I had one free day in San Miguel before my writing workshop started, and I wanted to make the most of it. I decided to first locate where the workshop would be held, so I made my way down Calle Hidalgo to the Centro Historico. With no set schedule, I bought a cup of coffee and settled onto a bench on the perimeter of a small park. People watching has always been a favorite activity of mine, and today was no exception.
After an uneventful flight, my plane touched down at the airport in Leon, Mexico, and I made my way down the steep stairs into pouring rain. I rushed down the runway, lifting the legs of my pants so as not to get them drenched, and entered the tiny baggage claim/customs area. This was not the large, almost unnavigable airport that I was accustomed to when arriving at locations like LAX or Charles de Gaulle in Paris — this was a much more manageable area that immediately lowered my stress level.
I’m now back from my whirlwind vacation to Europe, and after battling a terrible bout of jetlag I started to reflect on my trip, to think about some of the things I had learned by traveling solo. I came up with a list of ten lessons, many of which I find can be applied to life itself as well. Read More
Well, it seems that Paris has cast her spell on me as I made an impromptu decision to come back here for a couple more days. I thoroughly enjoyed Prague, but I couldn’t resist the temptation to take advantage of Paris’ proximity. Besides that, my friend Lucie was scheduled to work during my last days in Prague. So after a little bit of research I discovered that it wasn’t that difficult (or expensive) to change my ticket so that I could fly out of Paris instead of Prague. Paris was calling me, and I wasn’t going to ignore her siren song. Read More
Today we decided to take a day trip to Karlstejn Castle, only a 45 minute train ride from Prague. Lucie had told me about its stunning beauty, but nothing prepared me for this spectacular Disney-like castle perched on a hill, surrounded by lush forests. Set over the glittery river of Berounka, it stands as a silent witness to a rich and layered history. Built by Charles IV from 1348 to 1357, it was intended to safeguard the crown jewels of the Holy Roman Empire, and later the crown of St. Wenceslas. Read More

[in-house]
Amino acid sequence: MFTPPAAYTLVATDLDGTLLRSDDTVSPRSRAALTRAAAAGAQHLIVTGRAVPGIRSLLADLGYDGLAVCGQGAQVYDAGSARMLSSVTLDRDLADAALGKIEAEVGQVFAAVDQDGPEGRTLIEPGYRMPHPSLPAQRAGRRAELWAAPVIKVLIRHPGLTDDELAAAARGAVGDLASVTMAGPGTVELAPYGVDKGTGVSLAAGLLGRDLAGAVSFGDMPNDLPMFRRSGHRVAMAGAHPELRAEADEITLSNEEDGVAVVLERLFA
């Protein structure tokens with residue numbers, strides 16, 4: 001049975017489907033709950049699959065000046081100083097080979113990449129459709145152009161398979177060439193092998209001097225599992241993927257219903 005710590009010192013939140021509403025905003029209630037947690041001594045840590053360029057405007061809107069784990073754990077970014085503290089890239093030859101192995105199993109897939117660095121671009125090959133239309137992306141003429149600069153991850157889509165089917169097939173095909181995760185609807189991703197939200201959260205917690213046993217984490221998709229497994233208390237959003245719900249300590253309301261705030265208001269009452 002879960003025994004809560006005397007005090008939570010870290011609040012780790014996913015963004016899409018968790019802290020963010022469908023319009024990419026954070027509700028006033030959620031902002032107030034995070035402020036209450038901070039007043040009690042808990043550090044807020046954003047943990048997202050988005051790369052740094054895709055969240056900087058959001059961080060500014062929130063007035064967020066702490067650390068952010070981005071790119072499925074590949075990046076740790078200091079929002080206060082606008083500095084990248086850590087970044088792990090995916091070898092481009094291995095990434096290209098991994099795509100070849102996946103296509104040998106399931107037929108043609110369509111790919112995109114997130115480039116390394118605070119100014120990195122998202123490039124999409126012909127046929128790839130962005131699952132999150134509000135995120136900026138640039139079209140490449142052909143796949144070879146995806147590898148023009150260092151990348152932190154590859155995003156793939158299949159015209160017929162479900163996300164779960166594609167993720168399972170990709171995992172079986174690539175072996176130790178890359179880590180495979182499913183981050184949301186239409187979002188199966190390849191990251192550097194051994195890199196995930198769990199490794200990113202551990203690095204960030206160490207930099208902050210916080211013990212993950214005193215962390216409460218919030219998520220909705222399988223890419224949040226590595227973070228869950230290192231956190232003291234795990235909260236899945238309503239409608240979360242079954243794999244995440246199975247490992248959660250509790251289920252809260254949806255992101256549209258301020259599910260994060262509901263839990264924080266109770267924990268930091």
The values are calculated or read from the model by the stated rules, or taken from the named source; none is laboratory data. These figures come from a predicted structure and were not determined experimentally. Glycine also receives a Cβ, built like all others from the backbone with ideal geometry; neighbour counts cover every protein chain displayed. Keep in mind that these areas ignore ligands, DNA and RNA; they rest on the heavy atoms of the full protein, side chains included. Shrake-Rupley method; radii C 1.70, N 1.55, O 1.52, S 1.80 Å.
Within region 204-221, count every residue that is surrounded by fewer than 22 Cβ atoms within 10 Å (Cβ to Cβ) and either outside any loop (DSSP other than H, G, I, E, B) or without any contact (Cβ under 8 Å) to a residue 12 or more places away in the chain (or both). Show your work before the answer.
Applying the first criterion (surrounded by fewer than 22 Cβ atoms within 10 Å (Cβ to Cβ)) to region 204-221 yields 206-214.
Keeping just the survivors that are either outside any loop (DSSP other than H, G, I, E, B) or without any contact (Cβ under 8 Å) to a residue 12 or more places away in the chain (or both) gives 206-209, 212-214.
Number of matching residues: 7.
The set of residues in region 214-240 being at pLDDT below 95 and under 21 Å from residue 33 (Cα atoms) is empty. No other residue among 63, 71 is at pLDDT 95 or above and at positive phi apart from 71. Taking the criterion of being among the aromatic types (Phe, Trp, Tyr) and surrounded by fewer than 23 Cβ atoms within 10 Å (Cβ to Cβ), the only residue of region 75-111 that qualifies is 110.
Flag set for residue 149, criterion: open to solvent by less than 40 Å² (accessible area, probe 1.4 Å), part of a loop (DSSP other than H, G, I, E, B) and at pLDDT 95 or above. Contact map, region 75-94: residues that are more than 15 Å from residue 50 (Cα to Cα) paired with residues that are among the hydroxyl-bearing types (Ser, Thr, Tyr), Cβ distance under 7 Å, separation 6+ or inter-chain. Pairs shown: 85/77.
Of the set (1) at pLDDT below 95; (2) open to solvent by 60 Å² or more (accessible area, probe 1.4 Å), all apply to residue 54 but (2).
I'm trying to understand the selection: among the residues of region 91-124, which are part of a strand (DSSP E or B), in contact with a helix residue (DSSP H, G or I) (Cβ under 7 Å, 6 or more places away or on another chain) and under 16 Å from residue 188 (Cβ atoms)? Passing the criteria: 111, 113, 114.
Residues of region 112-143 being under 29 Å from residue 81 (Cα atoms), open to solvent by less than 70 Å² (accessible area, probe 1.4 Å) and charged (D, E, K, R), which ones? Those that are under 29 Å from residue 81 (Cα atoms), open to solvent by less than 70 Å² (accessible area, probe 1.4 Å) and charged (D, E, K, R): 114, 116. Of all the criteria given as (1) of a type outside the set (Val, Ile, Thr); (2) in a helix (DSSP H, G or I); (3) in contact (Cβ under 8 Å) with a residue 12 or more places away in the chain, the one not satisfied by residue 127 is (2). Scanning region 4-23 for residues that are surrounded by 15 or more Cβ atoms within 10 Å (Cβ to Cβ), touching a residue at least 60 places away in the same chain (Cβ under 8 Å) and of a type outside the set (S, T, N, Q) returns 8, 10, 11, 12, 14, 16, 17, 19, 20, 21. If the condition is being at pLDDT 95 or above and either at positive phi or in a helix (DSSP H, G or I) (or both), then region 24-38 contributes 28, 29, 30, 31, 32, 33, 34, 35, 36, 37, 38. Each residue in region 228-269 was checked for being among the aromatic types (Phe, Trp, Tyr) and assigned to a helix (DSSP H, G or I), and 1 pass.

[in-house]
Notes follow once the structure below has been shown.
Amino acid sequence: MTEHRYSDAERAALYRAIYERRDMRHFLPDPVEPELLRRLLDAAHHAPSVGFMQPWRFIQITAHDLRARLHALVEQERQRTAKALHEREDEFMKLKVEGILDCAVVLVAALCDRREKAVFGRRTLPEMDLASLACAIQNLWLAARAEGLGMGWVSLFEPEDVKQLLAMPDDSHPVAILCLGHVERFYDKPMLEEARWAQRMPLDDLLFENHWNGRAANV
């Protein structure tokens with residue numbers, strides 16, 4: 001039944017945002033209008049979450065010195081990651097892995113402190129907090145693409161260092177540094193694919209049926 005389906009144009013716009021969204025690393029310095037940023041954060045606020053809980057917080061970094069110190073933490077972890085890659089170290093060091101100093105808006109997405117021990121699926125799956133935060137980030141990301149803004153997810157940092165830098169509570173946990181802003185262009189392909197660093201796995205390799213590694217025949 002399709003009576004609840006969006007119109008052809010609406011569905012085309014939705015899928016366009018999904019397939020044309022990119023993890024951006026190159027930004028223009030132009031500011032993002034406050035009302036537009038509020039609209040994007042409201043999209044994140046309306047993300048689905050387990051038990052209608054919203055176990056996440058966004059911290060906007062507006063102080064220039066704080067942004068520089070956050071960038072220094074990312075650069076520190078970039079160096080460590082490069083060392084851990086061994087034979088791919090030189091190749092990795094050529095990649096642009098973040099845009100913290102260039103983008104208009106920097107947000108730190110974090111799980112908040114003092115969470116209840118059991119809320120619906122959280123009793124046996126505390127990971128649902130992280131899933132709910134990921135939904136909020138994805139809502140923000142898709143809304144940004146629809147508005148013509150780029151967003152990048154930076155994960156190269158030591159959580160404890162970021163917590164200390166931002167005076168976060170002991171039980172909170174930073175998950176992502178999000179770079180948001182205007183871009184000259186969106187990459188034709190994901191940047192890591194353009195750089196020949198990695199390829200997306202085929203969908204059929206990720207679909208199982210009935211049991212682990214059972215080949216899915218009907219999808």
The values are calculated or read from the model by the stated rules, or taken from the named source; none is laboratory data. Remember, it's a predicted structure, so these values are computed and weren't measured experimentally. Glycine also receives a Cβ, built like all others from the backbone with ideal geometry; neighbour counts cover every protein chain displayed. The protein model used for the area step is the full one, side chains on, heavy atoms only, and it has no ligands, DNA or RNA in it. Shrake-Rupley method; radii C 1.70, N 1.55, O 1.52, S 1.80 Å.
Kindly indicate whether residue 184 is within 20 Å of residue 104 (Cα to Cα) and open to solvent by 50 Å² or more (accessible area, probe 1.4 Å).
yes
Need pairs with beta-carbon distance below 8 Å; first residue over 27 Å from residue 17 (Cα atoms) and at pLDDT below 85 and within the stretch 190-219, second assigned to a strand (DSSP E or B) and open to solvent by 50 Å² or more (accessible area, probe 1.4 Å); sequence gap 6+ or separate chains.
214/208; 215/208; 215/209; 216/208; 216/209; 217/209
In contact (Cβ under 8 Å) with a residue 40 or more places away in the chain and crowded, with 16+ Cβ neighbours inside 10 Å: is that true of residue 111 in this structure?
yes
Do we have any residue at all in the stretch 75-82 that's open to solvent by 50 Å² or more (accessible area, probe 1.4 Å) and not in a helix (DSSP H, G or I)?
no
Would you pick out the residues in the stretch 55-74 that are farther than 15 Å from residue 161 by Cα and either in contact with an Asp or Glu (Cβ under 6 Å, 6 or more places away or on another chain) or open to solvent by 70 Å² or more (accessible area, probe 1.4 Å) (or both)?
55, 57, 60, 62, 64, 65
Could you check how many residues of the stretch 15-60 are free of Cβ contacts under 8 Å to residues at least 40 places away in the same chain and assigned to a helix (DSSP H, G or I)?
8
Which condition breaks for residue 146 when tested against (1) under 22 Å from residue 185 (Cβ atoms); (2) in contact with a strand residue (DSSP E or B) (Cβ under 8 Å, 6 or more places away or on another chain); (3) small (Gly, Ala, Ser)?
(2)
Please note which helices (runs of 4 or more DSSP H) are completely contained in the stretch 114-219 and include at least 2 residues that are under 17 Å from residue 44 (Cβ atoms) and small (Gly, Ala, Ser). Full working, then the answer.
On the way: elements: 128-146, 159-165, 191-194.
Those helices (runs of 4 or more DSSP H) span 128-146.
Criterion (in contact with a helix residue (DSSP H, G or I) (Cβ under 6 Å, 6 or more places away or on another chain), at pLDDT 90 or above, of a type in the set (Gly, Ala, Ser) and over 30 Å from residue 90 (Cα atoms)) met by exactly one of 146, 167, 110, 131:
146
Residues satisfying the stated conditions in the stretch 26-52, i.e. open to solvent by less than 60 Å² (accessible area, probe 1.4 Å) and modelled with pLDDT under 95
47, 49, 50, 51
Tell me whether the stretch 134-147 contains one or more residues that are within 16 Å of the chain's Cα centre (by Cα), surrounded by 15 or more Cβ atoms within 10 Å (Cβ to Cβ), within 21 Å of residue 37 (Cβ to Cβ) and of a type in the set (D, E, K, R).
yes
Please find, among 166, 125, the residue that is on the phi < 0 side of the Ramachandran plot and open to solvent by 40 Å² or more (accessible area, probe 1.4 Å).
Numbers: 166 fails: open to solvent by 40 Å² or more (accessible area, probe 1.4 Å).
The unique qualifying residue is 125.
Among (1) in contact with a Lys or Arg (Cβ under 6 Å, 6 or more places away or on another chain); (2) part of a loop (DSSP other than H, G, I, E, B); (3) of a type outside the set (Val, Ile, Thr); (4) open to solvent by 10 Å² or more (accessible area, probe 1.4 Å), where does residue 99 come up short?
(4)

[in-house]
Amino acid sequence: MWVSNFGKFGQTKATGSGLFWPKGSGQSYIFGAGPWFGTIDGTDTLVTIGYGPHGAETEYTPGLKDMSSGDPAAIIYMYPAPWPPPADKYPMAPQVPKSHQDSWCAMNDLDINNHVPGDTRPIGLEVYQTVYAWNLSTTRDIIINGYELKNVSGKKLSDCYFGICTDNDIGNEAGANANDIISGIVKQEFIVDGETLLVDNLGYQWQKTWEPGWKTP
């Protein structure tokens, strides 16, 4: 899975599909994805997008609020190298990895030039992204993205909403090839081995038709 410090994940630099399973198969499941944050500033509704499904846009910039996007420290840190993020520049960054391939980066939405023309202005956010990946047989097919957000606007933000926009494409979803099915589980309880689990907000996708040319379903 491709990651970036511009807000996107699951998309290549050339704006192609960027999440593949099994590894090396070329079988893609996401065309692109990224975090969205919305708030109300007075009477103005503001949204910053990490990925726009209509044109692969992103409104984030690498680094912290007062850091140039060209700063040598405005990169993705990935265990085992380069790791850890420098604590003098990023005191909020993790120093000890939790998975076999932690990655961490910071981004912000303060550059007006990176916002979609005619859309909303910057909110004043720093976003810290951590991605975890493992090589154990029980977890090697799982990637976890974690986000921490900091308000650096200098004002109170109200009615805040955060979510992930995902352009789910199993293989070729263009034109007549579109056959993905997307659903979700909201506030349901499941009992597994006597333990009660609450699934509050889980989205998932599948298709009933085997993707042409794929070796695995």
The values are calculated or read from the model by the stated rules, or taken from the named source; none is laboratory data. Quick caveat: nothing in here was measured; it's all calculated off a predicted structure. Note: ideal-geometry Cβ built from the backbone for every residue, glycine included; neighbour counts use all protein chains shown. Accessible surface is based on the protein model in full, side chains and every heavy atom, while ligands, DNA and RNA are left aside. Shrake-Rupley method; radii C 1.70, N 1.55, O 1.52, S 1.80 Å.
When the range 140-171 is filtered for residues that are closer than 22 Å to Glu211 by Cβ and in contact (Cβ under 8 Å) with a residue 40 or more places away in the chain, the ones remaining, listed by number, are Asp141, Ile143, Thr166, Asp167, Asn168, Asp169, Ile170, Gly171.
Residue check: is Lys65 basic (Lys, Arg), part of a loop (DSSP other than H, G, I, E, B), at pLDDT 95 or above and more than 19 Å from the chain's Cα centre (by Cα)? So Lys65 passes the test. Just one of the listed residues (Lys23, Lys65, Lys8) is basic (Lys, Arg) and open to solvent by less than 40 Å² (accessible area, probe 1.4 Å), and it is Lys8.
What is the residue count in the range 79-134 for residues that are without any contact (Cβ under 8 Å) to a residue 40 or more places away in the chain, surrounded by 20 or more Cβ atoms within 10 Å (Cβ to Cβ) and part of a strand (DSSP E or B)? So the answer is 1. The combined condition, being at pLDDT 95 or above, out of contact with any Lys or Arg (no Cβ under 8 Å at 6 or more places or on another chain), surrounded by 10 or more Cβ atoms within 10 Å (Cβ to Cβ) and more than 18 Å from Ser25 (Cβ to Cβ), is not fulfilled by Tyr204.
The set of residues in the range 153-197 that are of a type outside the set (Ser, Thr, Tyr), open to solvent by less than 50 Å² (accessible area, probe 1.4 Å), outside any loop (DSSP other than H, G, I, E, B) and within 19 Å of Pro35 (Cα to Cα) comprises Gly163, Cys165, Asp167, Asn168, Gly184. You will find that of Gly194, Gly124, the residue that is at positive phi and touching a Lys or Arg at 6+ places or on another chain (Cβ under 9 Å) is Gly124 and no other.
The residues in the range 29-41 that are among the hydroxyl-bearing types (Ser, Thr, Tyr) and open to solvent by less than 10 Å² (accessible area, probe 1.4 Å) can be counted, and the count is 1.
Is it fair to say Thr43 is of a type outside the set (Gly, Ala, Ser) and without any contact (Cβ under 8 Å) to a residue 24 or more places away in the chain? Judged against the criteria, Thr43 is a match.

These last two days in Prague have been filled with so many interesting glimpses of life in the Czech Republic. It has been so much fun spending time with Lucie and her boyfriend Dusan, and getting a local’s tour of the city. I have also enjoyed letting someone else take charge of the plans– both where to go and how to get there. Yesterday we began our sightseeing with a walk through Wenceslas Square, one of the main city squares and center of the business and cultural communities in the New Town area. It is also a setting for demonstrations, celebrations, and other public gatherings. The square is named after Saint Wenceslas, the patron Saint of Bohemia. Read More
These last couple of days have been quite eventful– I flew from Paris to Prague on Tuesday, spent some time catching up with my friend Lucie, and then took a train from Prague to Dresden on Wednesday. I stayed in Dresden for two nights, and then took the train back to Prague on Friday. Crazy to think that I have been in three countries in the last couple of days! Read More
I had been looking forward to this tour ever since I started making my plans to visit Paris– a literary walk with the celebrated author John Baxter. His list of published works is extensive; from biographies of personalities such as Woody Allen, Stanley Kubrick, George Lucas, Robert DeNiro, and Steven Spielberg to books about Paris such as Paris at the End of the World, The Golden Moments of Paris, The Most Beautiful Walk in the World, and his latest, Five Nights in Paris. Read More
Today was a beautiful day that for once was not raining, so I hit the streets and made my way to the Père Lachaise Cemetery, a place that I heard is a must-visit while in Paris. I must say that it is a bit overwhelming, much larger than I expected, almost like its own town. One interesting fact that I learned before going is that the only criteria to become a permanent resident of this cemetary was permanent residency; nationality did not matter, hence the cosmopolitan population of this city’s most extravagant resting place. Read More
Today is May 8, which is known as Victory in Europe Day (la fête de la victoire or le jour de la libération). It is a national holiday here, the anniversary of the day that President Charles de Gaulle announced the end of World War II, and freedom for the citizens of France. Read More